Since I doubt the manufacturer recommended cutting the flange I would suggest that it was the intent of the IRC that a registered design professional, registered in the state where the project is located, be responsible for the design of the fix..
     
    jar546 likes this.
  9. jar546

    jar546 *****istrator

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    As an inspector, if there were damage to a TJI, even if the contractor were to provide me the attached documentation, I would still require a registered design professional to sign off on the actual repair design, even if they used the sheets from the manufacturer because the sheets from the manufacturer are for engineered lumber and the attached sheets are not stamped by an engineer. See attached.
     

    Attached Files:

  10. tmurray

    tmurray Sawhorse

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    Are you as a building official empowered to enforce the state licencing laws?

    Because someone damages a joist halfway through construction, an architect or engineer is required for a whole building? What reasonably diligent professional is going to sign off on a building that they had no part in designing and is mostly constructed?
     
  11. Ty J.

    Ty J. Sawhorse

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    Washington (my state) does not require design professionals where constructed per the IRC. Wanna build per the IBC, get a design professional.

    If you want to base your world views on how things are done in California, good luck....California is a hot mess of regulations and bureaucratic red-tape.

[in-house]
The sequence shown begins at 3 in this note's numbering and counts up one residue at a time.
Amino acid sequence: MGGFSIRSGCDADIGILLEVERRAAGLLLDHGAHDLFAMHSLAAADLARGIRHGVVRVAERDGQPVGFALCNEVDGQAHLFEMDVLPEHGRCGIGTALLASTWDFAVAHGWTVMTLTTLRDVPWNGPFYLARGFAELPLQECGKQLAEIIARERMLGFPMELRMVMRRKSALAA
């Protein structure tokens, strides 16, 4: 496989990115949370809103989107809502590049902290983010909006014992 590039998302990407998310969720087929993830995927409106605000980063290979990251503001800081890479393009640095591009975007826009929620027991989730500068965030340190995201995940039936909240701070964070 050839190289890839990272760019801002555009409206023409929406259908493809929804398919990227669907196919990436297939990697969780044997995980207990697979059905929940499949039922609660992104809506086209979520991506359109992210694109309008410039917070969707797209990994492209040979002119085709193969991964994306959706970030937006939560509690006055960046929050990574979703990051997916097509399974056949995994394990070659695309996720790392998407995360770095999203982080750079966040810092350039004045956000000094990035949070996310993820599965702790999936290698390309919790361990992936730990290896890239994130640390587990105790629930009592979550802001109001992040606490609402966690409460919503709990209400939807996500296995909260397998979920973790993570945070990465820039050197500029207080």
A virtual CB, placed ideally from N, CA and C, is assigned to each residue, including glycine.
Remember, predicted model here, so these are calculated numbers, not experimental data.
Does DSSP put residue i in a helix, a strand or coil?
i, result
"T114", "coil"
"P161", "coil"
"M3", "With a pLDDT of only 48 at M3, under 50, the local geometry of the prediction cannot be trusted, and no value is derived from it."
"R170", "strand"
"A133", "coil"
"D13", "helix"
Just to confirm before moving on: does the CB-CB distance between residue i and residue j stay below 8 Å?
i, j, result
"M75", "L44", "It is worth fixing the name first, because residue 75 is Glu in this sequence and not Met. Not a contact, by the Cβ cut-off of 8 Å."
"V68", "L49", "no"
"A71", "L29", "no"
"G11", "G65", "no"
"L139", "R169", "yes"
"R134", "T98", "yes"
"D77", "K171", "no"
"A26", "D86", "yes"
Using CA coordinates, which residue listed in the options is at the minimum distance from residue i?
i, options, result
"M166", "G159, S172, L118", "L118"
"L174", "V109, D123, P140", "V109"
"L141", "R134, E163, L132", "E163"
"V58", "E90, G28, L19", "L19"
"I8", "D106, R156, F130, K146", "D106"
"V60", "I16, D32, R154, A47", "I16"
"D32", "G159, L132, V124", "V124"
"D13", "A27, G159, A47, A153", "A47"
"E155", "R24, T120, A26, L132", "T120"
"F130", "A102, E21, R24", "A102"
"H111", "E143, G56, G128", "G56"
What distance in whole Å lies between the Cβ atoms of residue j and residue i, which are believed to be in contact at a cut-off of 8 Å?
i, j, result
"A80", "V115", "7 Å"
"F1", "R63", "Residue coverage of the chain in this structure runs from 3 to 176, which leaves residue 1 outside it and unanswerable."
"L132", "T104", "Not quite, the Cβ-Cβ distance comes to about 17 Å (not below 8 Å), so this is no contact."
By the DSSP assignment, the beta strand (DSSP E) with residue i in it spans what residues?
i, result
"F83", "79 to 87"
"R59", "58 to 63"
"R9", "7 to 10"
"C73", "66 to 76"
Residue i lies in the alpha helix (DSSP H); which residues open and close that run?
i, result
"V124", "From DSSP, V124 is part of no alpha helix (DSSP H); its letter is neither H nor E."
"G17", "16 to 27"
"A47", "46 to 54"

12. ADAguy

    ADAguy Sawhorse

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    Maybe so but you have EQ's and fires in Washington too.
     
  13. Mark K

    Mark K Platinum Member

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    I understand that California bashing is the favorite sport of some.

    I recognize that the rules vary in different states and that I cannot keep track of all the variations. It is also my observation that it is common on this forum for individuals responses to be influenced by their state rules. So I suggest you broaden your criticism to include those other individuals.

    There is also a problem with understanding the limits of the IRC. The IBC through its reference standards provides a framework for addressing issues such as the repair of a damaged truss. The IRC does not provide this framework thus I suggest that when faced with an unusual situation that the appropriate thing is to realize that there are limits to the IRC and look to the IBC. Correct me if I am wrong but I believe the IRC contains provisions allowing the use of the IBC.

    We need to realize the limits of the IRC.